Tired from a grim war in America, Ross Poldark returns to his land and his family. But the joyful homecoming he has looked forward to turns sour, for his father is dead, his estate is derelict, and the girl he loves is engaged to his cousin.
Ross Poldark by Winston Graham
I’m one of those people who saw the show before reading the books, so I didn’t know how happy I was going to be with the source material. It turns out that the first book in the Poldark series is a bit of a slow burn at first, but before you know it you’ve been drawn into this little corner of Cornwall, and you care about the characters too much to put it down.
Ross Poldark, a man of twenty-seven (though the story covers a number of years), returns home to Cornwall, England, after fighting in the American Revolution. The woman he loves is marrying his cousin, and his property is crumbling.
There are too many characters to get into, but no doubt a lot of new fans of the books are in it for Demelza. This is where the show deviates from the books a bit, because when we meet Demelza in the book, she is a child (and a dark-haired one; why do the TV versions always make her a redhead?).
Apart from the eventual (not when she’s a child!) relationship between Ross and Demelza, I just love her character so much. Apparently she was based on the author’s wife, and maybe this is why she’s such a fun, funny, well-drawn character. I honestly don’t understand why Ross spends the whole series pining over the other woman, Elizabeth (another character who is different in the book), when all she has over Demelza – a servant girl who grew up in poverty – is refinement.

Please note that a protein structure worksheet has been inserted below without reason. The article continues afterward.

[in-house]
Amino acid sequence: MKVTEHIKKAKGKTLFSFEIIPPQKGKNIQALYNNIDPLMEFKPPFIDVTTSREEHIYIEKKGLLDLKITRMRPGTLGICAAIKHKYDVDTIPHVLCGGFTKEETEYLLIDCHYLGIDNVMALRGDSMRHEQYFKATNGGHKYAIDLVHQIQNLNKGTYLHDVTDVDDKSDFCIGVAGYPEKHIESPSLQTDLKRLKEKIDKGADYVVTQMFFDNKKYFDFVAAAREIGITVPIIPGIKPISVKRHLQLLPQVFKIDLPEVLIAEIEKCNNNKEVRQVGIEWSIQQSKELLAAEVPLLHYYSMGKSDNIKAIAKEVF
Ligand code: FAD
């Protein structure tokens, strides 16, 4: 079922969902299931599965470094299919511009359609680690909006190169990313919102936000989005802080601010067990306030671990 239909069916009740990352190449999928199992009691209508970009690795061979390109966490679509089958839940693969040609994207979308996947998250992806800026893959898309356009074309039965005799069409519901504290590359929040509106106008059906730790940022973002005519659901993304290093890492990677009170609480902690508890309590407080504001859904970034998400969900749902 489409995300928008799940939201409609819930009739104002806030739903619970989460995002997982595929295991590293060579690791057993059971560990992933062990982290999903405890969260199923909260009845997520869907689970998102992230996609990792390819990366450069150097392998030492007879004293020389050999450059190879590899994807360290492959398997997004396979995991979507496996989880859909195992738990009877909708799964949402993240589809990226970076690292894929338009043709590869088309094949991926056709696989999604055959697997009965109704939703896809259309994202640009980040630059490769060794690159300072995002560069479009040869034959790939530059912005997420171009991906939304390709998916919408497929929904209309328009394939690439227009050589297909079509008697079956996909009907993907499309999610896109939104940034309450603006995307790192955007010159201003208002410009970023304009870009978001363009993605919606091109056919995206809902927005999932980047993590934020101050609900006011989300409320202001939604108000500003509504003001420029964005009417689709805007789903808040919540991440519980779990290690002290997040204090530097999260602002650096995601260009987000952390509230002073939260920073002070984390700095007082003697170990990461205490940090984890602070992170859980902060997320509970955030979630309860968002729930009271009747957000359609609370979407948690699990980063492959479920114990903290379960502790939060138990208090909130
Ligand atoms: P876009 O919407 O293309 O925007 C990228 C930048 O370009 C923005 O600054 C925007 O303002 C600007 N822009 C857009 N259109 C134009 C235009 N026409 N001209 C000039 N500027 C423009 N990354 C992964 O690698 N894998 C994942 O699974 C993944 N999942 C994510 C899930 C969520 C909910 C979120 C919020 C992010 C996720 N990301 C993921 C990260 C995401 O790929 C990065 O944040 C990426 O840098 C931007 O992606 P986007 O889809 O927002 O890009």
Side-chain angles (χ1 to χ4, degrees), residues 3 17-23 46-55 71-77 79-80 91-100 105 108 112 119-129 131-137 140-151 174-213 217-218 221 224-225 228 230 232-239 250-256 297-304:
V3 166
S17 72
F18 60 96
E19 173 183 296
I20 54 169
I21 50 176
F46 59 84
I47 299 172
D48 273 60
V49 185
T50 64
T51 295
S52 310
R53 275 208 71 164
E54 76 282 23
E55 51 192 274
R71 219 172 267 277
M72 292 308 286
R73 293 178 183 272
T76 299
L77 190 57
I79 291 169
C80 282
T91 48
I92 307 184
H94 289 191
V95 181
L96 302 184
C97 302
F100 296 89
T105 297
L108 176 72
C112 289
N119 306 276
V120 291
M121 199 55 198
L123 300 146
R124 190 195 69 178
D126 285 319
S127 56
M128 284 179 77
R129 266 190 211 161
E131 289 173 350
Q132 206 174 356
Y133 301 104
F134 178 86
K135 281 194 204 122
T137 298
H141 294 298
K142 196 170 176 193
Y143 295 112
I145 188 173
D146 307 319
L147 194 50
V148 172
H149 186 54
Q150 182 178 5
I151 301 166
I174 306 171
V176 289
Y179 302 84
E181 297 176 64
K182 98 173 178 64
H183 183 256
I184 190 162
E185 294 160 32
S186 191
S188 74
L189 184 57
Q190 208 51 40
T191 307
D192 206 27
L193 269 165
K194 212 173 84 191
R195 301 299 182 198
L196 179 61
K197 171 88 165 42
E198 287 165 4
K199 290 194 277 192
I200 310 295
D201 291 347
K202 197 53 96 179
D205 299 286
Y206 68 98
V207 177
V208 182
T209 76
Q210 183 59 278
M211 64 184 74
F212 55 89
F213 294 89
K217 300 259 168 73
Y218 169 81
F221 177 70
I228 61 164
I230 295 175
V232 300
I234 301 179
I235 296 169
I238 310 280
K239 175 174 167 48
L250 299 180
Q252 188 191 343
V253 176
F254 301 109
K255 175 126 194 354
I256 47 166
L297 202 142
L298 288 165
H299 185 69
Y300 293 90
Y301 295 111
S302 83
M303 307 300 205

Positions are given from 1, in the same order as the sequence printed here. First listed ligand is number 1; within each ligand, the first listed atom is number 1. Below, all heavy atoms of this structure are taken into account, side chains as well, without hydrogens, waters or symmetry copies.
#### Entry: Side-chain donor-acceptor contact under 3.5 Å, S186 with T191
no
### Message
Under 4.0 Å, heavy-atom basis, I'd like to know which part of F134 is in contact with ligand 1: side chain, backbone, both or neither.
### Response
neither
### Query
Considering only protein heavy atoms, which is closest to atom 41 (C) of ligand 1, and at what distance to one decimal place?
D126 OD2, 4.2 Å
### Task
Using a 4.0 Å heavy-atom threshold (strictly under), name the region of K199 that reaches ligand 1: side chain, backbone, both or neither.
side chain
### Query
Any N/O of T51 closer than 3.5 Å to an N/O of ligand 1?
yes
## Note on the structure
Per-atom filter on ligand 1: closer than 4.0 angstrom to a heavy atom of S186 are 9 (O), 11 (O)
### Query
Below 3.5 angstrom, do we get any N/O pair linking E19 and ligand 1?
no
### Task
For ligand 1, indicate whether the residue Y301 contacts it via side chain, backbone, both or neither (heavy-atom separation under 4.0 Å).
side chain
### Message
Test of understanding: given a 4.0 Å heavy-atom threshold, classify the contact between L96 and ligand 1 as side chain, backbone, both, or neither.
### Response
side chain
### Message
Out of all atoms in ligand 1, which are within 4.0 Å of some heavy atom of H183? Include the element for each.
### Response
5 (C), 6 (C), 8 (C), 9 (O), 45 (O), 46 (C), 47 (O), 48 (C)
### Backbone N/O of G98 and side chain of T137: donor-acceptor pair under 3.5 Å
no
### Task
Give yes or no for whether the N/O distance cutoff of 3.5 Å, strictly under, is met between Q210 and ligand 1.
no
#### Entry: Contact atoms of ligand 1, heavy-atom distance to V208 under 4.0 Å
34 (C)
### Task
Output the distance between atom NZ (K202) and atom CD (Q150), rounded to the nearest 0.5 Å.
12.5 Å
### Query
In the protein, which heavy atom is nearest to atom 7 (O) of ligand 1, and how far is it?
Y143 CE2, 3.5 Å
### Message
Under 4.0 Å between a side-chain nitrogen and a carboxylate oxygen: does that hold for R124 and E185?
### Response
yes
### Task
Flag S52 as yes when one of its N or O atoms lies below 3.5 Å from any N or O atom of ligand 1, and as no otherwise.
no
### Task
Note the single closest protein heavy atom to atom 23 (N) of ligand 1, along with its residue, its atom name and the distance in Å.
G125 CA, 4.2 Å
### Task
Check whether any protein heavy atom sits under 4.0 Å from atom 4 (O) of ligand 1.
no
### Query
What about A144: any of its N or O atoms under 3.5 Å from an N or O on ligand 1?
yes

Perhaps because this is not a romance, the moments we are given here and there between various couples seem all the more realistic and romantic for it. He also shows ten times better than most the horrors of attempting to move between one social class and another. This is too often romanticised.
Author Winston Graham writes about a woman’s lot in life in Georgian England better than most women writing historical romance. He also seems to have a lot more sympathy for these women, in a situation where they were faced with a baby a year for a few decades, and has much more liberal views on their rights than a lot of women today (this book was written in the 1940s!).
There are twenty-thousand characters in this story, but the ones that matter are all great. Somehow the author manages to give them all story arcs without having them take over the book, and I cared about a lot of them. It is a bit hard to decipher some of the lower class-speak, though. It’s written phonetically, and sometimes I gave up trying to understand it!
One thing that didn’t hold my interest as much was some of the scenes with the mining talk. Business talk is boring to me. I also thought that there were too many characters in a few parts. I didn’t even try and keep track of who was who.
It’s not a perfect book, but I found it completely addictive by the end and immediately started book two.
Give it a go, and definitely watch the new show.
Review copy provided by NetGalley.